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Pan di Spagna, here we go!

Hello hello!

Back again with another basic recipe that will allow you to create so many amazing desserts (you can see some pictures of the cakes I make with it in this post): pan di Spagna!

Before we start, I thought it'd be nice to give you some historical infos about the origins of the most renowned Italian sponge cake.

Initially, the "pan di Spagna" (literally "bread of Spain" - but it's the traditional Italian sponge) was called "Pâte Génoise" or "Genoese pasta" and its origins date back to the mid-1700s when the Genoese chef Giobatta Cabona, sent to Spain with the marquis and ambassador Domenico Pallavicino, on the occasion of a banquet, presented an incredibly light cake that took the name of "Pan di Spagna" to honour the Spanish court.

This sponge was prepared using the "hot method", i.e. a

ll the ingredients were added and mixed in a bowl that rested on a pan with boiling water (bain-marie).

Over time this method was abandoned and the Pâte Génoise simply became the modern pan di Spagna - sponge cake.

The method that I use for my cakes, actually, is the old method of the "pasta genovese", because I find the final result more fluffy and soft (thanks to the method and to the addiction of the butter - which you don't generally find in the pan di Spagna recipe).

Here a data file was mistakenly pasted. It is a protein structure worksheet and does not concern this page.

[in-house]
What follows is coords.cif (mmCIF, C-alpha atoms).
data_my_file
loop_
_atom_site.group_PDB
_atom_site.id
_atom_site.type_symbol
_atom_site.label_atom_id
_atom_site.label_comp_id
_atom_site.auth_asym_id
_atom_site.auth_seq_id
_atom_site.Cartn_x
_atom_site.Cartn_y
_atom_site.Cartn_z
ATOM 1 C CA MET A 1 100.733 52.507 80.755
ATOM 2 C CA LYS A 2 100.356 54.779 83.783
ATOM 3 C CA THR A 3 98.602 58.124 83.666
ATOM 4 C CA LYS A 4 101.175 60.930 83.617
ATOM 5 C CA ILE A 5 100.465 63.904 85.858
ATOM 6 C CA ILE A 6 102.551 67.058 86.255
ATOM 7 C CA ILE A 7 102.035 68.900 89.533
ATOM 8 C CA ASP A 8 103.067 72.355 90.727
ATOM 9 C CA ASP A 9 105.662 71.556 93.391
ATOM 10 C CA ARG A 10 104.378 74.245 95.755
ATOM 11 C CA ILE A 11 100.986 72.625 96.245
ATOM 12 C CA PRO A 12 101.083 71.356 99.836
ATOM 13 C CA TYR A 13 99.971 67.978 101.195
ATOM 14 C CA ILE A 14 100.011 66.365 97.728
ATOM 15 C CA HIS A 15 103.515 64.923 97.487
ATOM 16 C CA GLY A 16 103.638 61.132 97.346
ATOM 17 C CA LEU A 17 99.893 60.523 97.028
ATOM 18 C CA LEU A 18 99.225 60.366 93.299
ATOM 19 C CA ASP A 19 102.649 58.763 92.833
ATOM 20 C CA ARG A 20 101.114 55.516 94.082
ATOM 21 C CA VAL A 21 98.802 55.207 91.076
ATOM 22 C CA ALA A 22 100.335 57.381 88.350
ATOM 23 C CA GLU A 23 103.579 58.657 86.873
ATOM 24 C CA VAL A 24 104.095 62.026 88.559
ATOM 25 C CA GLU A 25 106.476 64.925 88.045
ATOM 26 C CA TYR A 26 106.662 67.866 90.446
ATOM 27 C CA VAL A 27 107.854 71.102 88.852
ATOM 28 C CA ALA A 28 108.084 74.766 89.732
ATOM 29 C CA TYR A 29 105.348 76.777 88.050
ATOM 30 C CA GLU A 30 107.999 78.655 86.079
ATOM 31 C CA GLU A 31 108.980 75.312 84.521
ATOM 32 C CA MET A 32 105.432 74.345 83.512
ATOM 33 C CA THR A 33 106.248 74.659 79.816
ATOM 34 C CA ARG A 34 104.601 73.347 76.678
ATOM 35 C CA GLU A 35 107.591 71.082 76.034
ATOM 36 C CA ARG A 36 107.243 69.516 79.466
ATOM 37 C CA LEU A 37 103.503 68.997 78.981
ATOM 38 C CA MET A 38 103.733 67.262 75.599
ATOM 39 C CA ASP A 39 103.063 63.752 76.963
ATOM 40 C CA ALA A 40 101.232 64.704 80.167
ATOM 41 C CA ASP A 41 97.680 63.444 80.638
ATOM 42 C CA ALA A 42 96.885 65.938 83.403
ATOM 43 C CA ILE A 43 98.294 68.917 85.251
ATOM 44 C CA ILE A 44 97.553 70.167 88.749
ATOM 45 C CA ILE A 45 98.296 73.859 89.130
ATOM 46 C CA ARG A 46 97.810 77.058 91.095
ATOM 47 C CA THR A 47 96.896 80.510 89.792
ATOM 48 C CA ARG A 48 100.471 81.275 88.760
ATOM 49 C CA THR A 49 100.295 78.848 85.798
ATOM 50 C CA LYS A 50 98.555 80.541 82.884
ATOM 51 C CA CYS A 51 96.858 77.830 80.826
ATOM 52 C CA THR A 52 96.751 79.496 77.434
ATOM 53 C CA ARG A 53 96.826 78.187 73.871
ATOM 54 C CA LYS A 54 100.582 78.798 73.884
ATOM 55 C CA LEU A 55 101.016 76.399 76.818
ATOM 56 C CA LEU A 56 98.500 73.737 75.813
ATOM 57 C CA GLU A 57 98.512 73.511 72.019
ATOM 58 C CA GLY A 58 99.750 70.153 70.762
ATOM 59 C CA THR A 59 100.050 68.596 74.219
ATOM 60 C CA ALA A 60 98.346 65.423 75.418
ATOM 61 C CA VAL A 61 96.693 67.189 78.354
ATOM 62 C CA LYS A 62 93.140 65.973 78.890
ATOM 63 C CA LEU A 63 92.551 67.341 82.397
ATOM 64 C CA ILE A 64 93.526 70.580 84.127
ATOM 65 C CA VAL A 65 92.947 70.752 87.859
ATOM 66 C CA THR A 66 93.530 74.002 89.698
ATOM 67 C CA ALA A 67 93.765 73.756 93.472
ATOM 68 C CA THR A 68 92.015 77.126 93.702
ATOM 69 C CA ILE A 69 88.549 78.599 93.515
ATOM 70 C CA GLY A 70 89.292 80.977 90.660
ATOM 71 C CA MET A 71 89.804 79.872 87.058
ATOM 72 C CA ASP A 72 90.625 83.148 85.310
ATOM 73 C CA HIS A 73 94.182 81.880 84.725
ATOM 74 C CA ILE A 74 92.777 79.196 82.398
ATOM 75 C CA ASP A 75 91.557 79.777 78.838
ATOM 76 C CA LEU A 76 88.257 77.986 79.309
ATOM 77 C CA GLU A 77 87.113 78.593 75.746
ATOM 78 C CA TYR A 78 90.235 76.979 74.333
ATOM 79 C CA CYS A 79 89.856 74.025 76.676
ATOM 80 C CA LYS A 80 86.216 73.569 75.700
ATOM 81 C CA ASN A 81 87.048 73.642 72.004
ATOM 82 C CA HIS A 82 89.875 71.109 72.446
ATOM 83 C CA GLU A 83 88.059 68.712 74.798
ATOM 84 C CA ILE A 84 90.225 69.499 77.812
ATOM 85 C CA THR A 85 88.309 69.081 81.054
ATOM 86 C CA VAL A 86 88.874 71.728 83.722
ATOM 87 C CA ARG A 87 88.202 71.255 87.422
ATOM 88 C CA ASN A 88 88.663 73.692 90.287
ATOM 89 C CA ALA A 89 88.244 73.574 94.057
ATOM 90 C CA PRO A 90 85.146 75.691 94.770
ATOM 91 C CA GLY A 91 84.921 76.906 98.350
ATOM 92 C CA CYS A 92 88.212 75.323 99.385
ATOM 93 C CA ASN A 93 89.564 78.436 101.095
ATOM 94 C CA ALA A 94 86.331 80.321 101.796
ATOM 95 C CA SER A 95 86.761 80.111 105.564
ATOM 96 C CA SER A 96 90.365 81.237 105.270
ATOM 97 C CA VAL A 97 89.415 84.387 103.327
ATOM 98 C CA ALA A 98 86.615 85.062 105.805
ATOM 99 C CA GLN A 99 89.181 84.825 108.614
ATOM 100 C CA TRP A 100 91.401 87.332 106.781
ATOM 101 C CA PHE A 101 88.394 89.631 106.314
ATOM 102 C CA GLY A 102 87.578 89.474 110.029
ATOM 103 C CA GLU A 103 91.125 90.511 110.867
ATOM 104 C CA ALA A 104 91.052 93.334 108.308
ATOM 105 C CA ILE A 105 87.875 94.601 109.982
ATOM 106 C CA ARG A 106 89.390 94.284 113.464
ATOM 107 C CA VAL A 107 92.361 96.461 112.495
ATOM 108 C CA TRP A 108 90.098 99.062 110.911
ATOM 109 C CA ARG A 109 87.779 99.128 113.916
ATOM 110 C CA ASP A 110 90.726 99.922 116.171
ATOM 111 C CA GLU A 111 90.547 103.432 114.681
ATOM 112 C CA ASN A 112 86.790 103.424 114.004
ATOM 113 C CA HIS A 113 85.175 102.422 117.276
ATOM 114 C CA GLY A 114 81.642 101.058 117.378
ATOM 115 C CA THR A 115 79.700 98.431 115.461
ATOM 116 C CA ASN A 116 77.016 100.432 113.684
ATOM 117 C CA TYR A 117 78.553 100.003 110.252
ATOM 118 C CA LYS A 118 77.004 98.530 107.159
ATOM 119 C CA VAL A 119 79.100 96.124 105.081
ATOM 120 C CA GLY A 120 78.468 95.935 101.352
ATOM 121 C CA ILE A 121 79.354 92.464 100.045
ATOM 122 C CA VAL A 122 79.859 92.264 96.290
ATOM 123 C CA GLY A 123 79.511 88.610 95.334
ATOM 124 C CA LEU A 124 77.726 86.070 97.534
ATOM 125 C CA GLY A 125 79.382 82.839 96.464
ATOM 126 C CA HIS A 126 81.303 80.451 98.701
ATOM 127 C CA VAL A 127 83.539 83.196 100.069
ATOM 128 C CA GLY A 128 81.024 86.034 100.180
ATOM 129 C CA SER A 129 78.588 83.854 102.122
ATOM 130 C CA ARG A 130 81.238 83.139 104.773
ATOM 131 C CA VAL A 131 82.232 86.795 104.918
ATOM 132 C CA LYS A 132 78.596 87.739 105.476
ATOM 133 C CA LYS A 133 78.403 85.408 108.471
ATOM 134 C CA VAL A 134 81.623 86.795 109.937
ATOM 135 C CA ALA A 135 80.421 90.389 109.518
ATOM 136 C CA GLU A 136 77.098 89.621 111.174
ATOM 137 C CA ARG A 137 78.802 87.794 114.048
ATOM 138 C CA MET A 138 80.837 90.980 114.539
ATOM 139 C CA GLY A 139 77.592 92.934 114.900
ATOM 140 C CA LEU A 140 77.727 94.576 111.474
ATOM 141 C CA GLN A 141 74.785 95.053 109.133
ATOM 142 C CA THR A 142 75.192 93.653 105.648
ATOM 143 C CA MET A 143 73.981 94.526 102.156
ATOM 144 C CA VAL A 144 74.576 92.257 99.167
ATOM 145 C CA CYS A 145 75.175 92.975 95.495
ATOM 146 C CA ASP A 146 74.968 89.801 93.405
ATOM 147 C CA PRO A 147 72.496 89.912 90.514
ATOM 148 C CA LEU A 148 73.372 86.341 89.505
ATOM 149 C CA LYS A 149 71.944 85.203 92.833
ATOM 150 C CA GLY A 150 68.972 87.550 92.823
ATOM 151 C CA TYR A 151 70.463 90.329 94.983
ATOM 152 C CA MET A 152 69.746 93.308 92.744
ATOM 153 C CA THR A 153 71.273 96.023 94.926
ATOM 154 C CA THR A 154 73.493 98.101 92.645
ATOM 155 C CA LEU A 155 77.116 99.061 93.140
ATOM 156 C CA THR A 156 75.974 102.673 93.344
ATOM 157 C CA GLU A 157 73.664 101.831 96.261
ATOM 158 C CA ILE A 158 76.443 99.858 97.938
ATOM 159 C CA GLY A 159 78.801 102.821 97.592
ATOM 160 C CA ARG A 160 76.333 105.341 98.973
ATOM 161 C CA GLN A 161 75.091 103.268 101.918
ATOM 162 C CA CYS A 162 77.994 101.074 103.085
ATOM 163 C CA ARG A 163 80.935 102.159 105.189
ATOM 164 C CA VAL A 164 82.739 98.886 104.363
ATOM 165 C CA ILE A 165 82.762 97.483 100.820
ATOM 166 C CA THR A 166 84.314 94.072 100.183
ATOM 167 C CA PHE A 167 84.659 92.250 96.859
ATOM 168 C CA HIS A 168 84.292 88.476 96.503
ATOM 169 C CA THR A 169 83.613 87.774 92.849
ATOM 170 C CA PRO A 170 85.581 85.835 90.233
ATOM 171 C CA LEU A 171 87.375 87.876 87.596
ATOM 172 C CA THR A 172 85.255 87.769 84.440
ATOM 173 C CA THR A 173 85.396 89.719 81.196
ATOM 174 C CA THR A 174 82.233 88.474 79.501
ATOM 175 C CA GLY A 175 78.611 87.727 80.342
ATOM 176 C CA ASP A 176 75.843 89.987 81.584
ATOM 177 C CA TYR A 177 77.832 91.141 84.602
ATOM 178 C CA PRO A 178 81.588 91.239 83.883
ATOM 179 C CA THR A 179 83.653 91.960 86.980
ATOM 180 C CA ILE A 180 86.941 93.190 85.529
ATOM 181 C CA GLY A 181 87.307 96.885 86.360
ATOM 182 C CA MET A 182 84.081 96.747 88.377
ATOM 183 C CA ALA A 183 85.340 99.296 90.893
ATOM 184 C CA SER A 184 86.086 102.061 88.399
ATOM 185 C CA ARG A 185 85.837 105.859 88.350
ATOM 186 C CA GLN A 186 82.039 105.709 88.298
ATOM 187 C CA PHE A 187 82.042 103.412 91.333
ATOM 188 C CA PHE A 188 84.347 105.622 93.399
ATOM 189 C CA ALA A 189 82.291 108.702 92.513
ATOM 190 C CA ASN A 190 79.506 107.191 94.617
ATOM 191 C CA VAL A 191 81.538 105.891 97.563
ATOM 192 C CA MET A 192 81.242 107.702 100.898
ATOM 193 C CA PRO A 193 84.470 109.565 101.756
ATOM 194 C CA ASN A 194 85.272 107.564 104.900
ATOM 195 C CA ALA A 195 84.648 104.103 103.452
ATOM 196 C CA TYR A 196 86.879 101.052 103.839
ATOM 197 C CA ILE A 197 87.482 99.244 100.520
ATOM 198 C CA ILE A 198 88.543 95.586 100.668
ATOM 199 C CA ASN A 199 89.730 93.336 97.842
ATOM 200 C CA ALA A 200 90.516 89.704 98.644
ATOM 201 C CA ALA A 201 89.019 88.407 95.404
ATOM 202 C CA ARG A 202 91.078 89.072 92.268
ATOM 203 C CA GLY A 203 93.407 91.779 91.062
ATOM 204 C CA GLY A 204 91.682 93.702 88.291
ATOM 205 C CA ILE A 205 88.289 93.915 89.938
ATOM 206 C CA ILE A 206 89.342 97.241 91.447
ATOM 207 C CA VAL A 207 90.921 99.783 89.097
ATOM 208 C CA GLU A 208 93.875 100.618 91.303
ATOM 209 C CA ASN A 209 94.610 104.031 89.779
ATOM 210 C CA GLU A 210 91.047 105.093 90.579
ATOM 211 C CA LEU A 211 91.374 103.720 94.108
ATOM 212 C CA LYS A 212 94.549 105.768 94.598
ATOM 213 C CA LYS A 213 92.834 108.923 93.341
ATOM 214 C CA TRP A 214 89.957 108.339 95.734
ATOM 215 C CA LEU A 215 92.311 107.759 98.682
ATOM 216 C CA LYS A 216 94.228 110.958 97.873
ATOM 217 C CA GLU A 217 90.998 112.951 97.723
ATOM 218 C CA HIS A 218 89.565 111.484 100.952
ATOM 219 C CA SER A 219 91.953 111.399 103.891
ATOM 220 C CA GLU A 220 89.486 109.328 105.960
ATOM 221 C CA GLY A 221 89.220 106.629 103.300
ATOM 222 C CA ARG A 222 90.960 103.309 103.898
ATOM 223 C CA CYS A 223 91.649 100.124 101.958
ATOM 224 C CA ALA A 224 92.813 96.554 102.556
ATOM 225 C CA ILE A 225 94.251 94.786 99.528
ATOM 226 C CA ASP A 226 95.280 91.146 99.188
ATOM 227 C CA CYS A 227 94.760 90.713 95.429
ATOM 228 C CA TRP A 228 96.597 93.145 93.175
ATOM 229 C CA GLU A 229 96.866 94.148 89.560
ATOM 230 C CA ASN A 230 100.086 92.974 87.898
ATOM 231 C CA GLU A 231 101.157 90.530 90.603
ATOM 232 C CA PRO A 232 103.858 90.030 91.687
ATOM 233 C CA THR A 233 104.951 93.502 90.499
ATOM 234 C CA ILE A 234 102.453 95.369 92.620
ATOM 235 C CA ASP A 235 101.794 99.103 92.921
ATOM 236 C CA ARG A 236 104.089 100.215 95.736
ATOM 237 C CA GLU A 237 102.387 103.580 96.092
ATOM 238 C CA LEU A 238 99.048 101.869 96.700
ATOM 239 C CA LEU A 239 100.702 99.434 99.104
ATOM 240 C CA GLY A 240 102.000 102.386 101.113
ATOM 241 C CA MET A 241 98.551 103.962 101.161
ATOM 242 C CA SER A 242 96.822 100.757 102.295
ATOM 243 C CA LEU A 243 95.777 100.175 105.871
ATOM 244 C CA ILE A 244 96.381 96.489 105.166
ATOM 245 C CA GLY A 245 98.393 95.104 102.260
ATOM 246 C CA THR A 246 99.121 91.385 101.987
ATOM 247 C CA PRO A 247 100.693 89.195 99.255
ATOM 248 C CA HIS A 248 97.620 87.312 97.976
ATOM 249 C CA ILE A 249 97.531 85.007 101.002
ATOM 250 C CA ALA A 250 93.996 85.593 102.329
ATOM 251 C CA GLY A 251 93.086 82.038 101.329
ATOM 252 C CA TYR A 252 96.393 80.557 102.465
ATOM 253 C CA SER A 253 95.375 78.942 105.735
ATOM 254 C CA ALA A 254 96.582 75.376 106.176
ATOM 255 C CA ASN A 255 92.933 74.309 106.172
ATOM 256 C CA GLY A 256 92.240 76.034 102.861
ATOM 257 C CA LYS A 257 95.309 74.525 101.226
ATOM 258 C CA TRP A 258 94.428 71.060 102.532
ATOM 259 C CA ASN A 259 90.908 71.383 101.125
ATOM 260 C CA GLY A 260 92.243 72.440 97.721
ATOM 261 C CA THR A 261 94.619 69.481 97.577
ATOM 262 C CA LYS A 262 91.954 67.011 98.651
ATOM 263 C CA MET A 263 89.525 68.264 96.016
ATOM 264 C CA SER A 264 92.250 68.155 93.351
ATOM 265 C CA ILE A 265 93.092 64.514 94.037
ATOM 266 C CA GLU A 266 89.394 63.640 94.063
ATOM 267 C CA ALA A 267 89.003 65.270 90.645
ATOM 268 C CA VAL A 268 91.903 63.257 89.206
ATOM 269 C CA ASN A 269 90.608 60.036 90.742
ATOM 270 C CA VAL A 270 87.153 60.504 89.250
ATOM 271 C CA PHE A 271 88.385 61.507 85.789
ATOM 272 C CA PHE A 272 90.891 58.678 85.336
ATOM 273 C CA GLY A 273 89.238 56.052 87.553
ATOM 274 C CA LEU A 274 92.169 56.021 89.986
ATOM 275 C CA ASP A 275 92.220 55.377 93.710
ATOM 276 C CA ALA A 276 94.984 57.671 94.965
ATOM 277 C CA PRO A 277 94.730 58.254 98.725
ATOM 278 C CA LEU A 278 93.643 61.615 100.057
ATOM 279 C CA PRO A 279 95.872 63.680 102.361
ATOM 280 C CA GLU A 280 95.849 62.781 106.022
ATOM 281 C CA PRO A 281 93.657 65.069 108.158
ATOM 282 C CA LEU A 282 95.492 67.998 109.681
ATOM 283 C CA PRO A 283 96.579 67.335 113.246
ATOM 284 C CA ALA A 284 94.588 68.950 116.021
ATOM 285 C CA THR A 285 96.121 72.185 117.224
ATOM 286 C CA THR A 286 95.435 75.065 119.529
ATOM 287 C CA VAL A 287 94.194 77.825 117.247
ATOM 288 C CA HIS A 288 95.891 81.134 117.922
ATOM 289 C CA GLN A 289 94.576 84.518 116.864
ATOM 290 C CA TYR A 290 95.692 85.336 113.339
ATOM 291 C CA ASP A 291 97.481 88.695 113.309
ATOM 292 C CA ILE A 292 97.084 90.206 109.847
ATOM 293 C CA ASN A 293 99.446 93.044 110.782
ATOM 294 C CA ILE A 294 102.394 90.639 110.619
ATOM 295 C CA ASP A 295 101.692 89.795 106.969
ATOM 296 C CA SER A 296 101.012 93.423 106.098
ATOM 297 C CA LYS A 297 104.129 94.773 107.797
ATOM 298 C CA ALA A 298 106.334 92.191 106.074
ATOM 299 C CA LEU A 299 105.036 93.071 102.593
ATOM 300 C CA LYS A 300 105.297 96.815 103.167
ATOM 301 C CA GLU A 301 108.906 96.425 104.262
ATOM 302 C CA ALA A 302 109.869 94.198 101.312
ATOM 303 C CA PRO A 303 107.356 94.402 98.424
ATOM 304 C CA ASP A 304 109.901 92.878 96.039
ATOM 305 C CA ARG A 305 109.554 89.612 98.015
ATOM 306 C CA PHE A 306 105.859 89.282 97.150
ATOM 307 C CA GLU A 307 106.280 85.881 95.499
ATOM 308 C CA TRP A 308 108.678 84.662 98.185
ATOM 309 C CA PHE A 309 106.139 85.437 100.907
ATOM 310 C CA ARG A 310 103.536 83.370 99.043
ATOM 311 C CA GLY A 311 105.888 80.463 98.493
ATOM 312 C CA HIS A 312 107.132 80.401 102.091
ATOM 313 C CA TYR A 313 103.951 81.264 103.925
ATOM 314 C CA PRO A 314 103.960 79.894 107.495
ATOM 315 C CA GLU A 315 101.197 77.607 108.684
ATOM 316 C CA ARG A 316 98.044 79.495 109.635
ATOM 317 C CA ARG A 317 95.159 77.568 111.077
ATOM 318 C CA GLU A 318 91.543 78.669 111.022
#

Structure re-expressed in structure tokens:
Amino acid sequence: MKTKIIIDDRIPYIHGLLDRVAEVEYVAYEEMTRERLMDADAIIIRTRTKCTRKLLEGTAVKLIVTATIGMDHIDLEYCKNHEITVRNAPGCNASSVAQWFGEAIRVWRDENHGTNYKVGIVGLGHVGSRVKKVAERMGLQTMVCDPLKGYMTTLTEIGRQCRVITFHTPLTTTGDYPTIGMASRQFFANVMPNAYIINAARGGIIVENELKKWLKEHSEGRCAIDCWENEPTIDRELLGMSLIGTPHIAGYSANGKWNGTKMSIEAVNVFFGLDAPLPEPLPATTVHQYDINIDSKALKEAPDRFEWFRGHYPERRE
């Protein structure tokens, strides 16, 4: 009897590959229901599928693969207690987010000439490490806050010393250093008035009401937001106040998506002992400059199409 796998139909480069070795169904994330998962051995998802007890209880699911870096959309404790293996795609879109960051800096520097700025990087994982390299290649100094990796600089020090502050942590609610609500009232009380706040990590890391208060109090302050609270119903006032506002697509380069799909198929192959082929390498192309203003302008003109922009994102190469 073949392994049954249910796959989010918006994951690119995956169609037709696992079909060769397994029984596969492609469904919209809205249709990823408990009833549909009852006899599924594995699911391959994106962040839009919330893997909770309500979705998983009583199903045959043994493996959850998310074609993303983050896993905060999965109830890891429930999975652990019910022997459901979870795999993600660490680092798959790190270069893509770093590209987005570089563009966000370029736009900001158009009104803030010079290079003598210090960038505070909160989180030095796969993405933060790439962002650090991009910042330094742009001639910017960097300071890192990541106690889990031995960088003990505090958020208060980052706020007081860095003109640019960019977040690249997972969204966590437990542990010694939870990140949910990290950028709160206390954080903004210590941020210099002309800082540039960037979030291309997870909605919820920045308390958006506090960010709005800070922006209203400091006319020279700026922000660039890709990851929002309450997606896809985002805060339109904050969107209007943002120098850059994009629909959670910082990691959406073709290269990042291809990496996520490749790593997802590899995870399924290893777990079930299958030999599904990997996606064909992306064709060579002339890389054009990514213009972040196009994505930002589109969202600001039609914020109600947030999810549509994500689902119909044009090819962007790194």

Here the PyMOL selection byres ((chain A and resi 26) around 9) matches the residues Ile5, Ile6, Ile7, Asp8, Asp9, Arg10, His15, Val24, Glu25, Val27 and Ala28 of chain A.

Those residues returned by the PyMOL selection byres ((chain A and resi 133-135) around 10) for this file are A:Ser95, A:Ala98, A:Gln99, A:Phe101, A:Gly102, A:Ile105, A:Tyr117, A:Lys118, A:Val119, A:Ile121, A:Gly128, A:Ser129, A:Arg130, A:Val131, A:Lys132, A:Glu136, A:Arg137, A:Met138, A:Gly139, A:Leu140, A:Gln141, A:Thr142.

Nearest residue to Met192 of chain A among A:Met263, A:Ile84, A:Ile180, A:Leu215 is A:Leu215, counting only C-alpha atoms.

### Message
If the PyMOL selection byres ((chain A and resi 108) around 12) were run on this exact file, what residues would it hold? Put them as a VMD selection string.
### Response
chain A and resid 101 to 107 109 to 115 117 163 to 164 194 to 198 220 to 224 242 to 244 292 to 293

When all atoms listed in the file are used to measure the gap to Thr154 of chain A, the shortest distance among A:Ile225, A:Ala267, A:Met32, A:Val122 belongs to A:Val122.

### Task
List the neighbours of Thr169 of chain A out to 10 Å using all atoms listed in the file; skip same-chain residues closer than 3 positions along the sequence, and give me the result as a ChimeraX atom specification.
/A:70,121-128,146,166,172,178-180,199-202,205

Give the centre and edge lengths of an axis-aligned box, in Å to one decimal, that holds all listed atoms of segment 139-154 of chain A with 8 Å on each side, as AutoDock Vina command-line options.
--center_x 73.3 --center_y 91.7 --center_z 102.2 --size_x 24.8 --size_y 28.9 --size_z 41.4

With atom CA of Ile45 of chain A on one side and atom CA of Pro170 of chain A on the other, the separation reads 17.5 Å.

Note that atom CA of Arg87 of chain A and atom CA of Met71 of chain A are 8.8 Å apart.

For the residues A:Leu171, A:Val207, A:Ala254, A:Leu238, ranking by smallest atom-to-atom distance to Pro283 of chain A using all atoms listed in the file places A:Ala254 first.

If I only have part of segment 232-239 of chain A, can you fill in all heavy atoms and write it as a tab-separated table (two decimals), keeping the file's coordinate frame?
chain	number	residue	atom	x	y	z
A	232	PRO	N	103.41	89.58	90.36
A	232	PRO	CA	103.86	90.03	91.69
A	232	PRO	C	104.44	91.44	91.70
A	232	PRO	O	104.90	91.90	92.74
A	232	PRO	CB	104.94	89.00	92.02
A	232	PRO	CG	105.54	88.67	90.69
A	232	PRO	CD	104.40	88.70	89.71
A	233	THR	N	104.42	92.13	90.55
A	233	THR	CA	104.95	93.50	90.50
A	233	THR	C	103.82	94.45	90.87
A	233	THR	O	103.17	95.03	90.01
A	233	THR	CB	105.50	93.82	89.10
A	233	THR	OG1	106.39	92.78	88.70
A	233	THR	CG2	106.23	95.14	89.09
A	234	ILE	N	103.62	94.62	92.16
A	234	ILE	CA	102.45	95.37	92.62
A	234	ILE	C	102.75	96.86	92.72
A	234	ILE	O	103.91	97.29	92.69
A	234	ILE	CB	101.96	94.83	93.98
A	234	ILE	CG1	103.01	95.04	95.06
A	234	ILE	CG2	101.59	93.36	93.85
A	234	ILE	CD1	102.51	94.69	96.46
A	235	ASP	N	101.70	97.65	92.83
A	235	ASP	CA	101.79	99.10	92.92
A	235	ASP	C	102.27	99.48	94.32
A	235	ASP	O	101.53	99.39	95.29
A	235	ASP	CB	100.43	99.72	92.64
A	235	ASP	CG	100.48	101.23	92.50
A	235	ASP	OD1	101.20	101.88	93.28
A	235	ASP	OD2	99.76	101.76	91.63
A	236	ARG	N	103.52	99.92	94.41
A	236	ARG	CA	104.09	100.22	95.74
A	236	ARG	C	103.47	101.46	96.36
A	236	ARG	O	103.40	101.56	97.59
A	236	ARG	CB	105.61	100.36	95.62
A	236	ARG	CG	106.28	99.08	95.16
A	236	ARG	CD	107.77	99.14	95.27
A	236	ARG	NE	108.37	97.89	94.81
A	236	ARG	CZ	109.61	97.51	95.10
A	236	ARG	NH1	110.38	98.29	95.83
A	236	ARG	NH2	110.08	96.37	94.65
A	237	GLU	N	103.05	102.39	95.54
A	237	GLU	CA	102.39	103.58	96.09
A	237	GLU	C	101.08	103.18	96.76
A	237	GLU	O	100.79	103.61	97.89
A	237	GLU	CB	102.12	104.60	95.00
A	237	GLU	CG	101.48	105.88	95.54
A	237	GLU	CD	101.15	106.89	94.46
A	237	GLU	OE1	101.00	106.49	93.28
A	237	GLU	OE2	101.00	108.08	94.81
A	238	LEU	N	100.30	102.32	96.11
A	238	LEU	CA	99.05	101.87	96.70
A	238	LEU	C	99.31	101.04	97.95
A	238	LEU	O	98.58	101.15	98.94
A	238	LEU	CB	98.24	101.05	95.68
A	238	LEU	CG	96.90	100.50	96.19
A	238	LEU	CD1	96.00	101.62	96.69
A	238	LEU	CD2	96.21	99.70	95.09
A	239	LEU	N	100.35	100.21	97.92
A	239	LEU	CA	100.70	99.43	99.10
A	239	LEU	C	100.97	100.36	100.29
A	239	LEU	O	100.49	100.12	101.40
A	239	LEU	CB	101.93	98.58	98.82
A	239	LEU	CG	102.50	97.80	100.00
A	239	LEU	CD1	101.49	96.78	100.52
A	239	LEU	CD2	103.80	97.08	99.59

Ingredients (20 cm diameter tin):

  • 20 gr butter (melted)

  • 120 gr caster sugar

  • 200 gr egg (4 medium eggs)

  • 120 gr soft flour (T55) sieved


Warm the egg and sugar on a bain-marie to no hotter than 40°C, whisking until the sugar has dissolved and volume is achieved

Remove from bain-marie and whisk until ribbon stage and cold

Fold in the flour in 3 inclusions, with a spatula

Add in the cooled melted butter

Place into a buttered and floured tin

Bake at 175-180°C until it springs back when pressed or a knife comes out clean.

Remove from the pan and cool on a wire rack


The sponge will remain soft for about 2 days. To keep it so, once cold, wrap it in cling film and store it at room temperature. I would not suggest to freeze it.

If you wish to put some flavours in it, you surely can! You can add vanilla pods or you can use other aroma, such as orange or lemon zest.

Good to know:

If the sponge cake goes down after cooking it means that it is not cooked enough.

If the sponge cake is too dark outside but still not perfectly cooked, you need to adjust the power of the oven (check the temperature).

If the sponge crumbles when you cut it, that's a sign that the eggs are too whipped.

Have a try and bake your sponge, then use all your creativity to make a beautiful and delicious cake (feel free to tag us on Instagram!)!

xx Serena

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